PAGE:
More than 40 years ago today, Sullins taught the kids to behave
WAXAHACHIE – Chief Deputy Charles Sullins sits in his chair pondering what’s to come next in his career spanning more than 40 years once he officially retires at the age of 65 on Friday, March 25.
“I’m still going to have to work, probably do some part time” said Sullins, who oversees the Ellis County Jail dispatch and the drug task force at the Ellis County Sheriff’s Office. “I’m not much of a traveler.”
Sullins, the first certified officer in the county, got his start working in North Richland Hills in 1967 as a patrol officer.
“Let me tell you, this is not how you go in and surprise your wife you signed up as an officer but, I was working at Safeway, applied and the exact day my wife[Paula] was giving birth to our daughter, I walked in with my uniform on and that’s how she found out.”
Always one to crack jokes, Sullins proves to be a strong man who believes you can do more with words than fight.
“I remember this one time I caught a kid with a roach [a joint of marijuana] gave him a good chewin’ [talking to] and flushed it down the toilet,” said Sullins reflecting on one of his memorable moments.
“Then this one day, not too long ago, walking in, comes an older male sitting down and saying, ‘you don’t remember me do you?’ sure enough, it was the kid who I talked to about the joint and he is now a medical doctor in Houston.”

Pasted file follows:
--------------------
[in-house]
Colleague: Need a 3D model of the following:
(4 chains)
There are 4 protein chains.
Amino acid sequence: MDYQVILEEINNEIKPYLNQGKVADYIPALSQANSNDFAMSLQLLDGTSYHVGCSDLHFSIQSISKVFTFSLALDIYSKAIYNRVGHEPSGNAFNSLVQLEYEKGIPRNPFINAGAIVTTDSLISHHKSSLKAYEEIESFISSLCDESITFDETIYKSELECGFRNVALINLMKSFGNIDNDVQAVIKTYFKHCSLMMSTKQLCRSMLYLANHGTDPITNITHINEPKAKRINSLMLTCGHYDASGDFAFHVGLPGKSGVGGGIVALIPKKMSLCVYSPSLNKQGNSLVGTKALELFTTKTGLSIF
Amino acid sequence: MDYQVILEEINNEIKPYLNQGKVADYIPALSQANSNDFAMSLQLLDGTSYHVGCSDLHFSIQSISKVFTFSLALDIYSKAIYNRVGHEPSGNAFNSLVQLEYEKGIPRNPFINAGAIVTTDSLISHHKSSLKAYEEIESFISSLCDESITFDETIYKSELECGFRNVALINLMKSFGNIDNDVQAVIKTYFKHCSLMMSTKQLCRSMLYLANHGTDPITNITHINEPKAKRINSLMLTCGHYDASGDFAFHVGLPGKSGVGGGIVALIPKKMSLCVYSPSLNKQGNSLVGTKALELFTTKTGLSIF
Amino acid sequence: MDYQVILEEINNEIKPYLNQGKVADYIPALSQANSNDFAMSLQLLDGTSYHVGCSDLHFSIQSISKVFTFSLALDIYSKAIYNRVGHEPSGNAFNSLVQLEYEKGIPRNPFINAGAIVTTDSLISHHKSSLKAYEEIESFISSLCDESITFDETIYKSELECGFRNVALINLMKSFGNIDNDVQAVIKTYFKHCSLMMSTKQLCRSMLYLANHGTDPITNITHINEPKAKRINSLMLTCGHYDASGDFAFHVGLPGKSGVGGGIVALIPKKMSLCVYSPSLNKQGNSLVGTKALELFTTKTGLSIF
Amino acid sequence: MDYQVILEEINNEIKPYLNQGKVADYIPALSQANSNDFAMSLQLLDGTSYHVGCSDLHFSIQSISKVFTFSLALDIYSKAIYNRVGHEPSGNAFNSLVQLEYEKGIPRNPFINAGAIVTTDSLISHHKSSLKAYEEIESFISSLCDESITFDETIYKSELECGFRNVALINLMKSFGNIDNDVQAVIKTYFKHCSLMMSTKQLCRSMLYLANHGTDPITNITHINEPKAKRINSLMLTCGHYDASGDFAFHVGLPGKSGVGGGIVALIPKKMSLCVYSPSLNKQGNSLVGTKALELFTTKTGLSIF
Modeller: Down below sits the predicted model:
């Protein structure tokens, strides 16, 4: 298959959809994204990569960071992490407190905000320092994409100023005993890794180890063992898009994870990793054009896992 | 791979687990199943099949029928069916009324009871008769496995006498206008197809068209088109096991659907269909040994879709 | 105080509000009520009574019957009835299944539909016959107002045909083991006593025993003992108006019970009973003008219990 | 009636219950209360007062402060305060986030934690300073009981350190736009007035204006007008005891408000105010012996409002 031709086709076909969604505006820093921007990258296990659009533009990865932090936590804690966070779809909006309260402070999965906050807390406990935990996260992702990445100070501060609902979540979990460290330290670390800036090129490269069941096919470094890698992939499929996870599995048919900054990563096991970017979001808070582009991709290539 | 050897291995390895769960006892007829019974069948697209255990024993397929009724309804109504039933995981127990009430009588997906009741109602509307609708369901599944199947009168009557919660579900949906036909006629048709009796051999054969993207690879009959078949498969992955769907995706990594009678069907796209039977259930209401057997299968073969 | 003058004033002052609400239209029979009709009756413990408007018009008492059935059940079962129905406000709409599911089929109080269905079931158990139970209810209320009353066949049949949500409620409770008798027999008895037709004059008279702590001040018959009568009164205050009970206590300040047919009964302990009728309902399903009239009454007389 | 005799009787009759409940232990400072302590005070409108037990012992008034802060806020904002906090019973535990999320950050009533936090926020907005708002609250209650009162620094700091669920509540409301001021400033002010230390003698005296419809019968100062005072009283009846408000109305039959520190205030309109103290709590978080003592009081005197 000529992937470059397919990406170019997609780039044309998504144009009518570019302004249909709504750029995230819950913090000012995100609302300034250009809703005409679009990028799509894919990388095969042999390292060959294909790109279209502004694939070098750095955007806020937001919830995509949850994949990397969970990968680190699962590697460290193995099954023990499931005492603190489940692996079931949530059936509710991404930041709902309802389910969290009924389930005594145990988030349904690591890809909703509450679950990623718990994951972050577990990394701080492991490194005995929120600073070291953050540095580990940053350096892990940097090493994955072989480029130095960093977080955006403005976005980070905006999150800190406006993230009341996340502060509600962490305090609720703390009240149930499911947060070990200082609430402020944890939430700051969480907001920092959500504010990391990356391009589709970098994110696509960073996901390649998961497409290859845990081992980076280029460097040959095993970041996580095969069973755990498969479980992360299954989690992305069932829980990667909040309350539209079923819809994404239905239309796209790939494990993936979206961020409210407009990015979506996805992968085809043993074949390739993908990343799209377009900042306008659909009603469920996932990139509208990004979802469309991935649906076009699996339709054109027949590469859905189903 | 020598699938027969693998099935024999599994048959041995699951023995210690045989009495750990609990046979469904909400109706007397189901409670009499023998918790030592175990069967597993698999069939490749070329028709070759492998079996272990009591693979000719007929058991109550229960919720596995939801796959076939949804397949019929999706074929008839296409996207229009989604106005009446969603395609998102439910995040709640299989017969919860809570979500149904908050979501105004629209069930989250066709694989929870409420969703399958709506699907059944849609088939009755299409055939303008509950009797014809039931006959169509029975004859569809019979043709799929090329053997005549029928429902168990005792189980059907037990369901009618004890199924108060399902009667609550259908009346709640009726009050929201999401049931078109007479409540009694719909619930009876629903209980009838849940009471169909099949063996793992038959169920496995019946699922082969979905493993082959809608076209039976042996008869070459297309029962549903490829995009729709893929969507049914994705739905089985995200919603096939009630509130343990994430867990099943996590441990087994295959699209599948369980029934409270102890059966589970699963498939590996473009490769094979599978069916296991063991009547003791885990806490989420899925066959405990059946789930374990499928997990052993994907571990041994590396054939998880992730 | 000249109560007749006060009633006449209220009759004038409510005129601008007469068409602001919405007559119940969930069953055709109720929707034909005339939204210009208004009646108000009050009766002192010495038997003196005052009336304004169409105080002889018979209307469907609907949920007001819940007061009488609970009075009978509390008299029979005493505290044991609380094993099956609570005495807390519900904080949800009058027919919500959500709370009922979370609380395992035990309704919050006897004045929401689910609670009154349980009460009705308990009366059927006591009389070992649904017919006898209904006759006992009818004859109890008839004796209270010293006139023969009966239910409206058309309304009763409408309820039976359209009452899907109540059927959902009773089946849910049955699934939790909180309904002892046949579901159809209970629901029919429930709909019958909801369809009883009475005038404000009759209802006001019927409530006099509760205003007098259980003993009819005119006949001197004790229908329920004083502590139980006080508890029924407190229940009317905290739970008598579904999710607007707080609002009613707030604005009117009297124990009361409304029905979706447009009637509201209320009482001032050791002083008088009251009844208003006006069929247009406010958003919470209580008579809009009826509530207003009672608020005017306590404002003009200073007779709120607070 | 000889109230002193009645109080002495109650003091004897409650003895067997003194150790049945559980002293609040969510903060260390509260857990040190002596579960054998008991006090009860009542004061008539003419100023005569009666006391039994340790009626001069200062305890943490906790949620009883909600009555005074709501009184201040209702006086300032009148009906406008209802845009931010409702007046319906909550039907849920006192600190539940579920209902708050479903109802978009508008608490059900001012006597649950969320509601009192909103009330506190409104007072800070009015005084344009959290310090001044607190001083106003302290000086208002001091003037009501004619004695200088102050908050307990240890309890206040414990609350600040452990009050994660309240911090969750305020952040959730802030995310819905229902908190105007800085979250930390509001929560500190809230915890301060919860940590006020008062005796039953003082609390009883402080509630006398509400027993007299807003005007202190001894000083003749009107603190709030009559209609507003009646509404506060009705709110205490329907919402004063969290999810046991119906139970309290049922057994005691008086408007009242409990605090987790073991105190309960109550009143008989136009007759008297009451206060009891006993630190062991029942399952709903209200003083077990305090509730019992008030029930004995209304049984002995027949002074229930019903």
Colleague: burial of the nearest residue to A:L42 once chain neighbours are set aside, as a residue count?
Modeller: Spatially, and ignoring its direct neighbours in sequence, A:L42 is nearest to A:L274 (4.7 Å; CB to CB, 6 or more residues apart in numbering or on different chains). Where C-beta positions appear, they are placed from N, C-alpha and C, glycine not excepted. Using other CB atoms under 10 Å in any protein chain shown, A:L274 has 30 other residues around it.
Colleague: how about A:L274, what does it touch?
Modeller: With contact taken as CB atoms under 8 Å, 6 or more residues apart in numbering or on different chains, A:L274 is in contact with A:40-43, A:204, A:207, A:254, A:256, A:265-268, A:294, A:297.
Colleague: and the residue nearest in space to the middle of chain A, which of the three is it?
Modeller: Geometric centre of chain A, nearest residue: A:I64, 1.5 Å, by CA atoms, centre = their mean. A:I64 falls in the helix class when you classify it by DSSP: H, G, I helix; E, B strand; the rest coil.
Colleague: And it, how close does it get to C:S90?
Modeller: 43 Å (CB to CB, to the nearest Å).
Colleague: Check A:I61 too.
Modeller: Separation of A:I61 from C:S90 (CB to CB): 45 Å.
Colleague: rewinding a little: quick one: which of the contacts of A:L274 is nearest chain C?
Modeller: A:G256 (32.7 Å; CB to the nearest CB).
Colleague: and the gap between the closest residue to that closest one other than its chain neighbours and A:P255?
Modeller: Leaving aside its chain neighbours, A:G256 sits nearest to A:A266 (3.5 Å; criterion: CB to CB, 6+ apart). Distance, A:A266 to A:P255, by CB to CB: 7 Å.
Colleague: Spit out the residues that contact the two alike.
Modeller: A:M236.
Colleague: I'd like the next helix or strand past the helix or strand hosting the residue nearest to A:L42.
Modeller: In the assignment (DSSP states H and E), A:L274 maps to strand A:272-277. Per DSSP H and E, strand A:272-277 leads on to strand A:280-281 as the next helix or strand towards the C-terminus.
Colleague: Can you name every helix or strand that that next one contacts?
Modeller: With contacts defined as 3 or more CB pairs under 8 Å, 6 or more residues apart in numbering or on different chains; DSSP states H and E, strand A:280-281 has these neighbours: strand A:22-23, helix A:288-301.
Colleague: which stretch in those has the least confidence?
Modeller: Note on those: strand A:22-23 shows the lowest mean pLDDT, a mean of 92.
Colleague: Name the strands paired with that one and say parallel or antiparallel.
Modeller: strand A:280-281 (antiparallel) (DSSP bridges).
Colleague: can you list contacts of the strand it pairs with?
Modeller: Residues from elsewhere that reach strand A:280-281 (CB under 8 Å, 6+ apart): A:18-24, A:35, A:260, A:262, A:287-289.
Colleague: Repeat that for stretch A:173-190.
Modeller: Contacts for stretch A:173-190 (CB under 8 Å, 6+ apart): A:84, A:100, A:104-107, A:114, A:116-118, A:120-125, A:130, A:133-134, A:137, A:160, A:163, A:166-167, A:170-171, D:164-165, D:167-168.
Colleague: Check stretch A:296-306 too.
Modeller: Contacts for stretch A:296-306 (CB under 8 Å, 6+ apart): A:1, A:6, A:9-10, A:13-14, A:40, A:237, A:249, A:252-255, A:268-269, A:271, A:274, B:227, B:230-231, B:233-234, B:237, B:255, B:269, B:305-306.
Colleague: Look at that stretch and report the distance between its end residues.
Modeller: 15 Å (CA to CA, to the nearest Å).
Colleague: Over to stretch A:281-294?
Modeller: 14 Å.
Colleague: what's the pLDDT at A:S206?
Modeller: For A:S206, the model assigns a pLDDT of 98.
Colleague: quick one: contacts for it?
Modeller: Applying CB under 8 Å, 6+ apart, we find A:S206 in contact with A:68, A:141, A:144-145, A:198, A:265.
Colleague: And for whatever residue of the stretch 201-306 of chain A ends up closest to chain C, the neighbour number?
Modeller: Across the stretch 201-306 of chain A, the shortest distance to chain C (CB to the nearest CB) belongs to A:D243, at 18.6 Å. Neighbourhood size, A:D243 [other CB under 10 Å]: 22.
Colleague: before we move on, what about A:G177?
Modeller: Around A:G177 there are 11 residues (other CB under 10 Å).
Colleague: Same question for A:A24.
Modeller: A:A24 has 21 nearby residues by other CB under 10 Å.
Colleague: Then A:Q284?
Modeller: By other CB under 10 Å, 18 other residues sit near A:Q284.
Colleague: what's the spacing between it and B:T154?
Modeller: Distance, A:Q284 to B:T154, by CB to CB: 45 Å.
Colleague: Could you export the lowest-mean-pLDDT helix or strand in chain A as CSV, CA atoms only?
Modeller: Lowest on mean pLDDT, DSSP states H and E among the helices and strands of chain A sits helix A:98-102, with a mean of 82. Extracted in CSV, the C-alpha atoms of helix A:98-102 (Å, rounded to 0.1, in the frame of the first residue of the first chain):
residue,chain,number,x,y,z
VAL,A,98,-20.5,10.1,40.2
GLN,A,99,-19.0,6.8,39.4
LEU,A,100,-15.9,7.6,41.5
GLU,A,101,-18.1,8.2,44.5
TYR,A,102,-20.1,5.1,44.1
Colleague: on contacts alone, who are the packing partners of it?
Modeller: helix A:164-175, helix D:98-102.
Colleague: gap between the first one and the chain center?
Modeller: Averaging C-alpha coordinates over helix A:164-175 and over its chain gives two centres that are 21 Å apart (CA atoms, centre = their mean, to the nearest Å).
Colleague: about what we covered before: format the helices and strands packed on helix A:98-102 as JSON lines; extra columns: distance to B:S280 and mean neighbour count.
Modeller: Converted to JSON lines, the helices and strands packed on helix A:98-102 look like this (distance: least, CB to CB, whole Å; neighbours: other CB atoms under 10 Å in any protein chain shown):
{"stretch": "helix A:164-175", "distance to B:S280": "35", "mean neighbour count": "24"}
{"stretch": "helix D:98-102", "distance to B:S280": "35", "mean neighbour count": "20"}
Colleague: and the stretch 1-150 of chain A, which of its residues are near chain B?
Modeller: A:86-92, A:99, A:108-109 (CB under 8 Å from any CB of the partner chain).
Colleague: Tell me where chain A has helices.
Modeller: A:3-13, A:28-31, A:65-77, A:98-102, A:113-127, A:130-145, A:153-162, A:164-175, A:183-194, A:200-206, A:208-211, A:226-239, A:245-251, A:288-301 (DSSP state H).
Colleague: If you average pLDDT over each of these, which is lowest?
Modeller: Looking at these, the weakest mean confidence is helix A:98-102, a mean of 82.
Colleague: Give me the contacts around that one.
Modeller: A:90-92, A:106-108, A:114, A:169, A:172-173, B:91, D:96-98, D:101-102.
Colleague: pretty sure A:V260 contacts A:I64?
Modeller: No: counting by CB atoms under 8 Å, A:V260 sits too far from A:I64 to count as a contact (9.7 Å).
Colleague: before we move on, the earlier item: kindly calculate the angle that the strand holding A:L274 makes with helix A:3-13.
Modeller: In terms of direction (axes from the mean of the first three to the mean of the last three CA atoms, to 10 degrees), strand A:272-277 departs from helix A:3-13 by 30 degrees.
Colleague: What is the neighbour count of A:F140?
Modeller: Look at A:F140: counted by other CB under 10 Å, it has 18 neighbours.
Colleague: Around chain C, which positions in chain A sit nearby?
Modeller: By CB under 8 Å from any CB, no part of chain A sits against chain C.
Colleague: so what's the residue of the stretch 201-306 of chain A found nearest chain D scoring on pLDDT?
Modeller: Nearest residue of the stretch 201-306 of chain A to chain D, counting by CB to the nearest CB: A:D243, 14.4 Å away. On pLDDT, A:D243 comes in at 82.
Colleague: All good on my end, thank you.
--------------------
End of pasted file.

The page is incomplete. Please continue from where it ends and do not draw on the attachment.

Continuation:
Memories such as these, are what Sullins will miss the most.
“I am a people person. I will miss the people. Once you have been around for so long everyone is like family and seeing them daily will be something I greatly miss.”
The man who doesn’t like to sit behind a desk, will be converting part of his barn in Hill County to an office.
“I’ll get up and go out there. What I really want to do, it assist families who have loved ones in jail, those are the ones who really need the most support sometimes.”
Spanning his career Sullins worked his way up through Waxahachie Police Department where he was chief, worked as the Red Oak Police Chief, city administrator, fire chief and “whatever other shoe needed to be filled there”, before working in 1995 under Ray Stewart before retiring the first time at 62 and coming back to work with Sheriff Johnny Brown.
“I used to be Johnny’s boss and now he is over me haha, I can still get a good smack on him though,” laughed Sullins.
“He knows better than to mess around with me,” joked Sullins.
Sullins loves laughing and people involvement, he constantly expresses his love of interaction.
“I was never the guy out racking up quotas, I wanted to be the man for the people, to assist whenever they needed me, day or night.”